Automation 101: Selecting the Right Feedback Option

Automation 101: Encoders, Resolvers & Tachometers

What is my motor’s position? What is its speed?

These questions are the heart of every application involving all types of electric motors. As applications do vary, there is no one right approach to answering these questions. When these questions need to be answered in an application an engineer will look to feedback. Three common types of feedback are encoders, resolvers, and tachometers. Which of these feedback methods might be the most appropriate for an application? This question has no universal answer. However the roadmap to choosing a feedback type is the application itself.

How do these different feedback options work?

Both magnet and optical encoders utilize onboard electronics to provide a clean square wave output. Resolvers, on the other hand, provide only analog signals, requiring all conditioning to be done elsewhere. Tachometers can provide a digitized or analog signal. Optical encoders pass a disk with dark portions between a light source and a light sensitive circuit, while incremental encoders include a disk with only one set of lines. Absolute encoders have so many of these lines that the line pattern never repeats around the circumference of the disk. Both magnetic encoders and resolvers use one or more pairs of poles of magnetization and sensors. In a magnetic encoder these pairs are taken from their sine wave signal into a square wave.

Before a feedback method can be chosen, a few things need to be known about your specific application. Ask yourself:

  1. To what precision would I like know the position of the motor?
  2. Should rotor position be retained on power cycle?
  3. What feedback resolution does the application require?
  4. Will other hardware in the application influence my choice? If so, can the hardware change to accommodate a different feedback option?
  5. In what kind of environment will the application be operating?
  6. Is cost or reliability the driving factor?

After answering these questions, your selection becomes far less difficult. The table below summarizes the strength and weaknesses of different feedback options.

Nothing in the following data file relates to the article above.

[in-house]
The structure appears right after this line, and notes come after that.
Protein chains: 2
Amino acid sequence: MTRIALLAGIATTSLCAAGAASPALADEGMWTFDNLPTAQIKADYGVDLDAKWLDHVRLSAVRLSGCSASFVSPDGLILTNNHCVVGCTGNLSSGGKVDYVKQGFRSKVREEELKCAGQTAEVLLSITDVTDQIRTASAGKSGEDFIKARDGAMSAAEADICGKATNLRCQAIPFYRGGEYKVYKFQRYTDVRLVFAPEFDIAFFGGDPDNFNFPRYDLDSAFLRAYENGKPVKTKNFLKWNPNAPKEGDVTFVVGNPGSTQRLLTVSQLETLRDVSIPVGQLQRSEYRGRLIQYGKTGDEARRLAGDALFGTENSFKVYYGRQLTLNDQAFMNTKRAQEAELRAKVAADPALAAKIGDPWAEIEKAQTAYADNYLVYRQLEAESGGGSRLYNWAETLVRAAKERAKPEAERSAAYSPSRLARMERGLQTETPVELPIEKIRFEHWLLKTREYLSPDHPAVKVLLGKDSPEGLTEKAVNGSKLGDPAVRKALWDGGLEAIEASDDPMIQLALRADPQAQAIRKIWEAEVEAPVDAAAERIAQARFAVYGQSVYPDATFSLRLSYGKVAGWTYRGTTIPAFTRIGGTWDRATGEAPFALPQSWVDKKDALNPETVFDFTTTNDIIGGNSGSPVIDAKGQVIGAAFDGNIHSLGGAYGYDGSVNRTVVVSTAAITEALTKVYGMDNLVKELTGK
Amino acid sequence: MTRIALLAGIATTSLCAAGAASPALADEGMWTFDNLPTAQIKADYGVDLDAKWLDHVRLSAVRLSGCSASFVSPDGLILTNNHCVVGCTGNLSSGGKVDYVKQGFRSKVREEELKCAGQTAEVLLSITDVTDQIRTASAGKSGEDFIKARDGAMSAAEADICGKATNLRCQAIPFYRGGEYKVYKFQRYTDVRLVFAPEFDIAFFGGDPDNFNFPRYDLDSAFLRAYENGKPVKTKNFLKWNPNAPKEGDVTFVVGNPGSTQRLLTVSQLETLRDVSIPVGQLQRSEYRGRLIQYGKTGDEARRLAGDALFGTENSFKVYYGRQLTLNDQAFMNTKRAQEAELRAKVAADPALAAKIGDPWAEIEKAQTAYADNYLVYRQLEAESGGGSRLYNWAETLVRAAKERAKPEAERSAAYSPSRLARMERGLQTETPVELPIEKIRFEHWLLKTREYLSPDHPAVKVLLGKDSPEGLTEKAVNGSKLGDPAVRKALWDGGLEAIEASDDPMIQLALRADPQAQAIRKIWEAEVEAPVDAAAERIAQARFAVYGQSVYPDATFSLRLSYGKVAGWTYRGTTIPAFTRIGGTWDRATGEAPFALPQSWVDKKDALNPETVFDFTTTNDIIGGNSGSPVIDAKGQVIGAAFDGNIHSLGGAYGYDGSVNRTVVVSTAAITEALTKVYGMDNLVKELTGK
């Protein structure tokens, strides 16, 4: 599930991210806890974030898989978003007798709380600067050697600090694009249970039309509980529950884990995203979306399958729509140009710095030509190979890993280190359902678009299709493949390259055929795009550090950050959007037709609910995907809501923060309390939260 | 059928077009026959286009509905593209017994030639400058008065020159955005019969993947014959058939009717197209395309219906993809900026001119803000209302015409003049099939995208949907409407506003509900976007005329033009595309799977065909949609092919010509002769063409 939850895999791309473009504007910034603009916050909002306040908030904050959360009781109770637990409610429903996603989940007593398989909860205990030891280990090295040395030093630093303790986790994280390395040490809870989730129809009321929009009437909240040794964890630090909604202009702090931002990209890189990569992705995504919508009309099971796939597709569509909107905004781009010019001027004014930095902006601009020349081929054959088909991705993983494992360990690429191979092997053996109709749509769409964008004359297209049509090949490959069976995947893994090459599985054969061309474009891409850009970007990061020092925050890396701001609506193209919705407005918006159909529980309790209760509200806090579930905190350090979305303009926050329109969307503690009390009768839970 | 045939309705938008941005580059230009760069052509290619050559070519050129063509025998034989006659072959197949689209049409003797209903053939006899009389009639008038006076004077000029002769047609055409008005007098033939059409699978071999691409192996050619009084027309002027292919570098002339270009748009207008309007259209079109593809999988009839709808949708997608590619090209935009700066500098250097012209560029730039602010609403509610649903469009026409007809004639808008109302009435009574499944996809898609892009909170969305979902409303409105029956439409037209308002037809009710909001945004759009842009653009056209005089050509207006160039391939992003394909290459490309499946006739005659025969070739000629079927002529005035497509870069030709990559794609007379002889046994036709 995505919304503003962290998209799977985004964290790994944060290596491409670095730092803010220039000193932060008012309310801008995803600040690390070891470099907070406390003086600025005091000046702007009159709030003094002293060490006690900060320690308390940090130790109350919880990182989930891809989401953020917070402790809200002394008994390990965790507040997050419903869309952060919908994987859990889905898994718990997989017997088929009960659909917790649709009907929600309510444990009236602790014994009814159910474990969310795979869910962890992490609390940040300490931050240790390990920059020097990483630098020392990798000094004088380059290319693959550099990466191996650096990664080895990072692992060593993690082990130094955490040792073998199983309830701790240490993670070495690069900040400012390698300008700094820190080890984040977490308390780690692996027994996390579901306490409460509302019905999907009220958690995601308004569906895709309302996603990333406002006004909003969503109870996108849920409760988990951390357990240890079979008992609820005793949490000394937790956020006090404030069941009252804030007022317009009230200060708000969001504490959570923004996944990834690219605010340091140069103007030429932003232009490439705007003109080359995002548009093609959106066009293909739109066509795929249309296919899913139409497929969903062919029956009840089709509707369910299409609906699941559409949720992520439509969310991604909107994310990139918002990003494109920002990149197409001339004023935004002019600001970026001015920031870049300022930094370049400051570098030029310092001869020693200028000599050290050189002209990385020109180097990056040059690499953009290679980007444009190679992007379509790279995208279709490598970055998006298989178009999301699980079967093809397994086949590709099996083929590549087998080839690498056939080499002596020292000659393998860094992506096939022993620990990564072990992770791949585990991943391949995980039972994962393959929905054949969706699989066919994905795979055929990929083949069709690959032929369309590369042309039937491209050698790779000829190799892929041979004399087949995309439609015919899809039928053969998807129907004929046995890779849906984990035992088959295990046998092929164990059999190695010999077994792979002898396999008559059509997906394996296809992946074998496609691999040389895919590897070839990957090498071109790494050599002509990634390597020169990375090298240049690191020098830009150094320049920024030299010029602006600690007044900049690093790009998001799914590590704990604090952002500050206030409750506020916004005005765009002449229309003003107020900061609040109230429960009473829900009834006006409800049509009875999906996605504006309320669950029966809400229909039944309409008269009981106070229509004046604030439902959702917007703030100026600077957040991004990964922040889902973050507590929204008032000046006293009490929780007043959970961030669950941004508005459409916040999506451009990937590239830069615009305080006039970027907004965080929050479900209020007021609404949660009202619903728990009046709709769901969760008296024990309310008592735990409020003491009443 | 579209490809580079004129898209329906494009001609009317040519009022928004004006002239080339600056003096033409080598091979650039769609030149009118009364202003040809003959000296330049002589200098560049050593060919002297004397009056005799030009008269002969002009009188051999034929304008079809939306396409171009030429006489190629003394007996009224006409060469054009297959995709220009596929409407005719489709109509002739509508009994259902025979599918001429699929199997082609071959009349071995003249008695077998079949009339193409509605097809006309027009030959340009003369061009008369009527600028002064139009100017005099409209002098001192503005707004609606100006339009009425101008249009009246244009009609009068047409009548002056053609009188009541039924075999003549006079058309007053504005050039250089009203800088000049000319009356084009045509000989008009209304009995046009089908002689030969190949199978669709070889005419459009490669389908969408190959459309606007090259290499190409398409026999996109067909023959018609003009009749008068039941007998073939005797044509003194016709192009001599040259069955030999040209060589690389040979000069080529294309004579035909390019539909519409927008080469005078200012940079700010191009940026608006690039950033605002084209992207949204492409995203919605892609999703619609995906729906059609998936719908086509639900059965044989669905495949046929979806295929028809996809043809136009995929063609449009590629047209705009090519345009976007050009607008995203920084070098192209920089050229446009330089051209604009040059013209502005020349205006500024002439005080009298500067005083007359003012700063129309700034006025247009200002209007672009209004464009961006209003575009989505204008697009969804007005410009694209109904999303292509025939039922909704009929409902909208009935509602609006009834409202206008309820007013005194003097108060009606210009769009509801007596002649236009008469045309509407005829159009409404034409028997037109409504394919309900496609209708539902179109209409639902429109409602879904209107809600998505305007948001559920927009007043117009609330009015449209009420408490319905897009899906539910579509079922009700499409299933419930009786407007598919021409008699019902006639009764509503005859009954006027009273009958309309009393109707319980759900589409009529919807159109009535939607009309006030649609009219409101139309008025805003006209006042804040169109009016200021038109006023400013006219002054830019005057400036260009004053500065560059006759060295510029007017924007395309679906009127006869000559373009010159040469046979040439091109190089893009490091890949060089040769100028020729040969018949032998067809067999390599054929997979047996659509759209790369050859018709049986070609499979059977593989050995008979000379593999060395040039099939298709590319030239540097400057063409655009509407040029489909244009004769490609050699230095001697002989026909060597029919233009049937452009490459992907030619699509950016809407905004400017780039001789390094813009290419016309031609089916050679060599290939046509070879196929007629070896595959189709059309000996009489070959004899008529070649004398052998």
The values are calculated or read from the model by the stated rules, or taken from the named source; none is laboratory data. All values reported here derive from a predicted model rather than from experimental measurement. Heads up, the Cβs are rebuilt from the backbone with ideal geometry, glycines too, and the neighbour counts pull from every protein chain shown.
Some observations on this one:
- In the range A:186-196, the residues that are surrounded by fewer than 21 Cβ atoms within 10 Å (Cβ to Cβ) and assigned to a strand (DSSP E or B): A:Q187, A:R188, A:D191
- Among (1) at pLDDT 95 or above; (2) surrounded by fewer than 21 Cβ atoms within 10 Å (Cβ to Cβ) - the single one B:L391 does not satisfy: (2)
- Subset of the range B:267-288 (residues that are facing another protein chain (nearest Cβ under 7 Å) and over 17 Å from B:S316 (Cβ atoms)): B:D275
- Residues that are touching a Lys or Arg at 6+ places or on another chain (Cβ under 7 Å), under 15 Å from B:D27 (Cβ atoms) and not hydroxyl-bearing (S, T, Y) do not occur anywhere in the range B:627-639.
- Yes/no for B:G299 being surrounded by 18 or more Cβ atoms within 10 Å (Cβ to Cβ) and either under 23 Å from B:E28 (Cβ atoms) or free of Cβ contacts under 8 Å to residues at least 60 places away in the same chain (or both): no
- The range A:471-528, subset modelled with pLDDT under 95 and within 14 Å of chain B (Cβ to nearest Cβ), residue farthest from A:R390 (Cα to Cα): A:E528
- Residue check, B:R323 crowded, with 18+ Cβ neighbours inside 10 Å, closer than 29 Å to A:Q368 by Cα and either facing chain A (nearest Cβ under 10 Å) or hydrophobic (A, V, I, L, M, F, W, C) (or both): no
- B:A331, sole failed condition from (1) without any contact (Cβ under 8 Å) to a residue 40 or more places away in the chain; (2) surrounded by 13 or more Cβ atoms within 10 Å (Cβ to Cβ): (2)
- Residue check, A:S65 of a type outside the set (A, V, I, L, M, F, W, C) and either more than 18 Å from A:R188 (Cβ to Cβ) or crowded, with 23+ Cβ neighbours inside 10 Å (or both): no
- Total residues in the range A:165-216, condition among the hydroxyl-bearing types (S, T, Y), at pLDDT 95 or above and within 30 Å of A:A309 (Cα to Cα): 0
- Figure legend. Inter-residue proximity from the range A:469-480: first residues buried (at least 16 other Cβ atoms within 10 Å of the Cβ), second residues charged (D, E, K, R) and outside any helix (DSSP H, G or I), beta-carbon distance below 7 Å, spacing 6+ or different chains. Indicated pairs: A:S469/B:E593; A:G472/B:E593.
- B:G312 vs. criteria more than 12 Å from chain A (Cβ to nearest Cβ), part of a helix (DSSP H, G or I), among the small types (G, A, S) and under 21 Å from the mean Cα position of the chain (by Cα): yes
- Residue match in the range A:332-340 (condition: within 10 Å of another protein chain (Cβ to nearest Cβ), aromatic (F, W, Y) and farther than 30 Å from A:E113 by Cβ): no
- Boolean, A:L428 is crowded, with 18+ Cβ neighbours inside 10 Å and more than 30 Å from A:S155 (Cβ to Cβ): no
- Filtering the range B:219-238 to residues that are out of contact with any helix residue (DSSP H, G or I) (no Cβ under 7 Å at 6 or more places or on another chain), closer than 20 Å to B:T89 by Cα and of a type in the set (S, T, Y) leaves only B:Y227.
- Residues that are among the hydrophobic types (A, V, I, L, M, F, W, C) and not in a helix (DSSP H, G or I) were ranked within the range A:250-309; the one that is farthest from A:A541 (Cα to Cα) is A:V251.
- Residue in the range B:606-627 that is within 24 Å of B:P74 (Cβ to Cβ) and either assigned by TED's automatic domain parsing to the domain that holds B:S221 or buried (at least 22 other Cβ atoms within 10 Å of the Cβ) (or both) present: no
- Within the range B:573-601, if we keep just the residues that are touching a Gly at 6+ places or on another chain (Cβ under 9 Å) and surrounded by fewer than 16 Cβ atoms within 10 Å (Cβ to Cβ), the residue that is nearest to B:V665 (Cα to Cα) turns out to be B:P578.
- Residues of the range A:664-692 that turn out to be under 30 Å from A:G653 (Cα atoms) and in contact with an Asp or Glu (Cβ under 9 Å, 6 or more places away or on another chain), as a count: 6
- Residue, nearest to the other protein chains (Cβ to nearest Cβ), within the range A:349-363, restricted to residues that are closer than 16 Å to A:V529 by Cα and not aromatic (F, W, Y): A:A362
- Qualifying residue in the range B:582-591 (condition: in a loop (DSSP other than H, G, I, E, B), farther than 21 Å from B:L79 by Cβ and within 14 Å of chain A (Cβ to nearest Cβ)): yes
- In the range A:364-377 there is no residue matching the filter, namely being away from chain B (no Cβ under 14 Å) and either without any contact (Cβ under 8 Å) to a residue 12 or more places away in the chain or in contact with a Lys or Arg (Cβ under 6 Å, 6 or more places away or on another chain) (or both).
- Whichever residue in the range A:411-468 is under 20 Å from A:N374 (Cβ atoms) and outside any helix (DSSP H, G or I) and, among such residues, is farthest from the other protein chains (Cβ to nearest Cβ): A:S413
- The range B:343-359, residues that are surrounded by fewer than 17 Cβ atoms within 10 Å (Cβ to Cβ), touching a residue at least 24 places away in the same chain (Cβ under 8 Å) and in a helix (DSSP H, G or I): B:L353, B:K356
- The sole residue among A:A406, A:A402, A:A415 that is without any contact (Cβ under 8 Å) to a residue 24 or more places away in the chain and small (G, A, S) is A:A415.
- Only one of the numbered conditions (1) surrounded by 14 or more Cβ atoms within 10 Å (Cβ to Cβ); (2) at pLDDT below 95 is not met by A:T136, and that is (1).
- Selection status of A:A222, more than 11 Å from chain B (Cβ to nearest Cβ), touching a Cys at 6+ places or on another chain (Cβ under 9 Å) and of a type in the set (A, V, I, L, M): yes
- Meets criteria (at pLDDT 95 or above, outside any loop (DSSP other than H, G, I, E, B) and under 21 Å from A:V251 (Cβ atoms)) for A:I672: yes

Encoders
Position Feedback Information on Power Cycle Resolution Hardware Compatibility Environmental Factors Cost vs. Reliability
Optical & Incremental Yes No Up to ~40,000 Counts Per Revolution Nearly All Mostly Clean Environment Necessary Low Cost
Good Low Noise Immunity Reliable When Maintained
Terrible High Noise Immunity
Optical & Absolute Yes Yes Up to ~4,000,000 Counts Per Revolution Most Mostly Clean Environment Necessary Medium Cost
Good Low Noise Immunity Reliable When Maintained
Terrible High Noise Immunity
Magnetic & Incremental Yes No Up to ~8,000 Counts Per Revolution Nearly All Harsh Environment Medium Cost
Good Low Noise Immunity Reliable When Mounted Correctly
Poor High Noise Immunity
Magnetic & Absolute Yes Yes Up to ~4,000 Counts Per Revolution Most Harsh Environment Medium Cost
Good Low Noise Immunity Reliable When Mounted Correctly
Poor High Noise Immunity
Resolvers
Position Feedback Information on Power Cycle Resolution Hardware Compatibility Environmental Factors Cost vs. Reliability
Resolvers Yes Yes Near Limitless Usually Special Option, if Available Extremely Harsh Environment Higher Cost
Poor Low Noise Immunity Extremely Reliable
Best High Noise Immunity
Tachometers
Position Feedback Information on Power Cycle Resolution Hardware Compatibility Environmental Factors Cost vs. Reliability
Digital No No N/A Most Mostly Clean Environment Necessary Lowest Cost
Good Low Noise Immunity Reliable When Maintained
Terrible High Noise Immunity
Analog No No N/A Older Hardware Harsh Environment Low Cost
Good Low Noise Immunity Reliable When Maintained
Terrible High Noise Immunity

It is important to understand the accuracy requirements of your application when choosing your feedback type. More accurate hardware requires careful and precise mounting, but as accuracy of the product increases, the hardware and installation costs also increase. For this reason, it isn’t always necessary to incorporate a high-end product into a design, as it may be not required for the application and may increase costs.

Picking the right components for your application can be the overwhelming with all the different options. For help with component selection please contact your nearest Kaman Industrial Technology distributor.

For more information on this topic, please visit the Kaman Automation, Control & Energy Info Center by clicking here.

Estimated Reading Time: 3 minutes

Spencer Hepworth

Application Engineer at Kaman Automation
As an Application Engineer, Spencer plans and implements technological designs for the automation, control and energy solutions offered by Kaman Automation.
Spencer Hepworth
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